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All Dane wants is a quiet life in a less claustrophobic closet and a ranch job where he can earn a living. But when his best friend's little brother, the one who wrote the letters that kept their spirits up in Afghanistan, turns out to have grown up in all the right ways, Dane can't help wanting more despite his fear of commitment.
While Dane and Josh are busy trying - and failing - to keep their hands to themselves, someone else is watching, biding his time. Then he strikes, first at Josh and then at the prized horse. When all of their secrets and fears are exposed, Dane is determined to protect Josh, even if it means leaving him behind.
Customer ReviewsMost Helpful
By Tams (TTC Books and more) on 04-11-15
Loved this book, hated the narration.
Would you recommend this audiobook to a friend? If so, why?
No. The narration was not very good (see full review below)
What other book might you compare Worth the Coming Home to and why?
L.C. Chase's pick up men series, as far as the writing and storyline goes. Both are similar with stories and topics.
Would you be willing to try another one of John Solo’s performances?
Was this a book you wanted to listen to all in one sitting?
Any additional comments?
Tams e-book review May of 2013…
Josh Brooks is the dedicated horse whisperer on the Ranch he’s called home for over half his life. He and his brother, Jesse, live with their aunt and uncle having lost their parents when they were children. He hides his sexuality from everyone except his best friend for fear of their reaction.
Dane is Jesse’s best friend, the guys met while in the military serving in Afghanistan. Having separated himself from “don’t ask, don’t tell” all Dane wants is to live his life a little more open than the military allowed. He travels to Montana per invitation from Jesse and begins working with the brothers on the ranch. The attraction between Dane and Josh is electric and downright explosive. Can two closeted gay men maintain a relationship when they can’t even be honest with their friends and family about who they are? Hell, they can’t even be honest with themselves! Their only saving grace might just be the fact that they can actually be honest with each other.
Someone is watching. Someone has targeted Josh and his precious horses. After Josh is outed very publically and painfully, he withdraws from everyone and everything. Except his horses. Owens has managed to blend several highly debated topics within an engrossing storyline and keep it in good taste. Homophobia, hatred, ignorance and PTSD coupled with love, compassion and family values. But after Josh is hurt not once, but twice, Dane leaves feeling like he’s failed and he can’t protect him. Can Josh convince the man he loves that he’s worth coming home to?
I will warn you, if you aren’t a fan of dominant/submissive relationships, this may not be the book for you. It is in no way, shape or form a bad thing in this storyline. Dane is the alpha male, the dominant in the relationship. Josh is submissive and he loves it, he wants Dane to take control and I assure you, he’s never forced into anything. I loved the way they found common ground and their relationship became stronger. The sex is HOT and these boys like variety. They don’t care if it’s the bed, the wall, the barn, the open range or the kitchen table! If you haven’t read this one yet, you really must!!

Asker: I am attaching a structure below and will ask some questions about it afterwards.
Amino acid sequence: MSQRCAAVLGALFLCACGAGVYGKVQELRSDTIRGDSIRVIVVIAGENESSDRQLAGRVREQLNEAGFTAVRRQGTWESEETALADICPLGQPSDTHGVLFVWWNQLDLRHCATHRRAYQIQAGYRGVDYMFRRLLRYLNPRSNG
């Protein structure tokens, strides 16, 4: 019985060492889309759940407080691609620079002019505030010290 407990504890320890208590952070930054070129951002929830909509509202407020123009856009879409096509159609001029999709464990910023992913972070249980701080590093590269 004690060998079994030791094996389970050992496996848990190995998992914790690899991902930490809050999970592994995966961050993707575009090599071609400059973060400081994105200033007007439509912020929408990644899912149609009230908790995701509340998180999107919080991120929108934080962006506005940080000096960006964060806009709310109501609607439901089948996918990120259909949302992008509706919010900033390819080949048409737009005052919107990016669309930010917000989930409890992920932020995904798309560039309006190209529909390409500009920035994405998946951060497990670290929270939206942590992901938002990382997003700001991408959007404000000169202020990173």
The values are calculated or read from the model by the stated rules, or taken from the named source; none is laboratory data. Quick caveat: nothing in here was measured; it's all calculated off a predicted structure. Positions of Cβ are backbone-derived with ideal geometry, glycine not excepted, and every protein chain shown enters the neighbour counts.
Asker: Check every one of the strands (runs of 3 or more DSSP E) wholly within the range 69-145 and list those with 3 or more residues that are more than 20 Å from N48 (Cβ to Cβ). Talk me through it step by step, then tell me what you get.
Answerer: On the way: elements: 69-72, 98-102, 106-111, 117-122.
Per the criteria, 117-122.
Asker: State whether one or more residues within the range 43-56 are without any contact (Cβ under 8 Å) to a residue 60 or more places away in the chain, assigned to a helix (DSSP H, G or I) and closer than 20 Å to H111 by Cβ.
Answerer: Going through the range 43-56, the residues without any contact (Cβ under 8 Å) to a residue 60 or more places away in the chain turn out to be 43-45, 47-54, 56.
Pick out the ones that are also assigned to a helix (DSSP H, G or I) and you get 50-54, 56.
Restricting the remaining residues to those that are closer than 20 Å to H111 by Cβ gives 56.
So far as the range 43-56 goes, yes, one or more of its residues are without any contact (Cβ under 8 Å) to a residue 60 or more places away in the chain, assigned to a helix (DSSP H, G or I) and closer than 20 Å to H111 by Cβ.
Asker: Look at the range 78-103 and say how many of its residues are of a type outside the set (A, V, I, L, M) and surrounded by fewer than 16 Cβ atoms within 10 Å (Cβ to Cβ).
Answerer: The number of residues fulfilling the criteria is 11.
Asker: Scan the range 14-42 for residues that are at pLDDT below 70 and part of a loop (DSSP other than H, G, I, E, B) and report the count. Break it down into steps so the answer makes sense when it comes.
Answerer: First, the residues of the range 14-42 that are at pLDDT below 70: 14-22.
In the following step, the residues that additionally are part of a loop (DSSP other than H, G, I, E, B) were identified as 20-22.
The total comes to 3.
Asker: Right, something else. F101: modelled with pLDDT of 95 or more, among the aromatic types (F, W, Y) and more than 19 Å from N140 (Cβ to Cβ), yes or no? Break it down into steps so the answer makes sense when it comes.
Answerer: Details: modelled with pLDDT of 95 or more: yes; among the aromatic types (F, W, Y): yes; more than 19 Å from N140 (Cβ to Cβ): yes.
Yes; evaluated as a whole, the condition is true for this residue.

Update Audio review April of 2015…
I love to grab audio copies of books I’ve already read, a lot of times, the audio can take on a new life and give you an entirely different story. Sadly, in this case, the audio hindered the overall feel of the book for me. This was my first ride with John Solo and I was not impressed. While I appreciated that he made the effort to separate the characters with different tones and inflections for various characters, I never questioned who I was listening to, his voice wasn’t very appealing. Extremely nasally and he had a bad habit of adding emphasis to words at the wrong time which gave them a different meaning than they had when I was reading them.
One of my favorite aspects of this book was the relationship between Dane and Josh, how Dane was this powerful person always exerting his dominance that was balanced with love. The way Solo voiced him made him sound cruel and almost unfeeling at times, and that just annoyed the crap out of me.
My suggestion, this is still a must read story but READ it, pass on the audio book.
So, in conclusion, e-book 5 stars, audio 3 stars. The wrong narrator can ruin a good story guys.
1 of 1 people found this review helpful
By Kindle Customer on 04-21-14
Cheesy, and unimaginative.
This book wasn’t for you, but who do you think might enjoy it more?
I am not sure, the actual blue print of the story was good, but the follow through was not well executed. It is a romance book trying to be a BDSM book.
What was most disappointing about Lisa M. Owens’s story?
It was hard to like either characters, Josh is a door mat and Dane is this messed up Dom character. I found the fact that Dane kept referring to Josh as "cowboy" very irritating. The sex scenes were interesting, but violent and almost uncomfortable. It was missing some kind of conversation, where Josh and Dane discussed the intensity that was comfortable for both of them. You just felt like Dane was steam rolling over Josh, and despite Josh's protest, he always enjoyed it in the end. Not sure I liked the message there. Too borderline non-consensual for me, sex should not be all about one partners pleasure.
Have you listened to any of John Solo’s other performances before? How does this one compare?
The narrator was actually good, it was just hard to appreciate him, when the story was irritating me.
You didn’t love this book... but did it have any redeeming qualities?
It has a basic outline, that is o.k. I just found the build up of the characters that were a forceful male and defenseless female.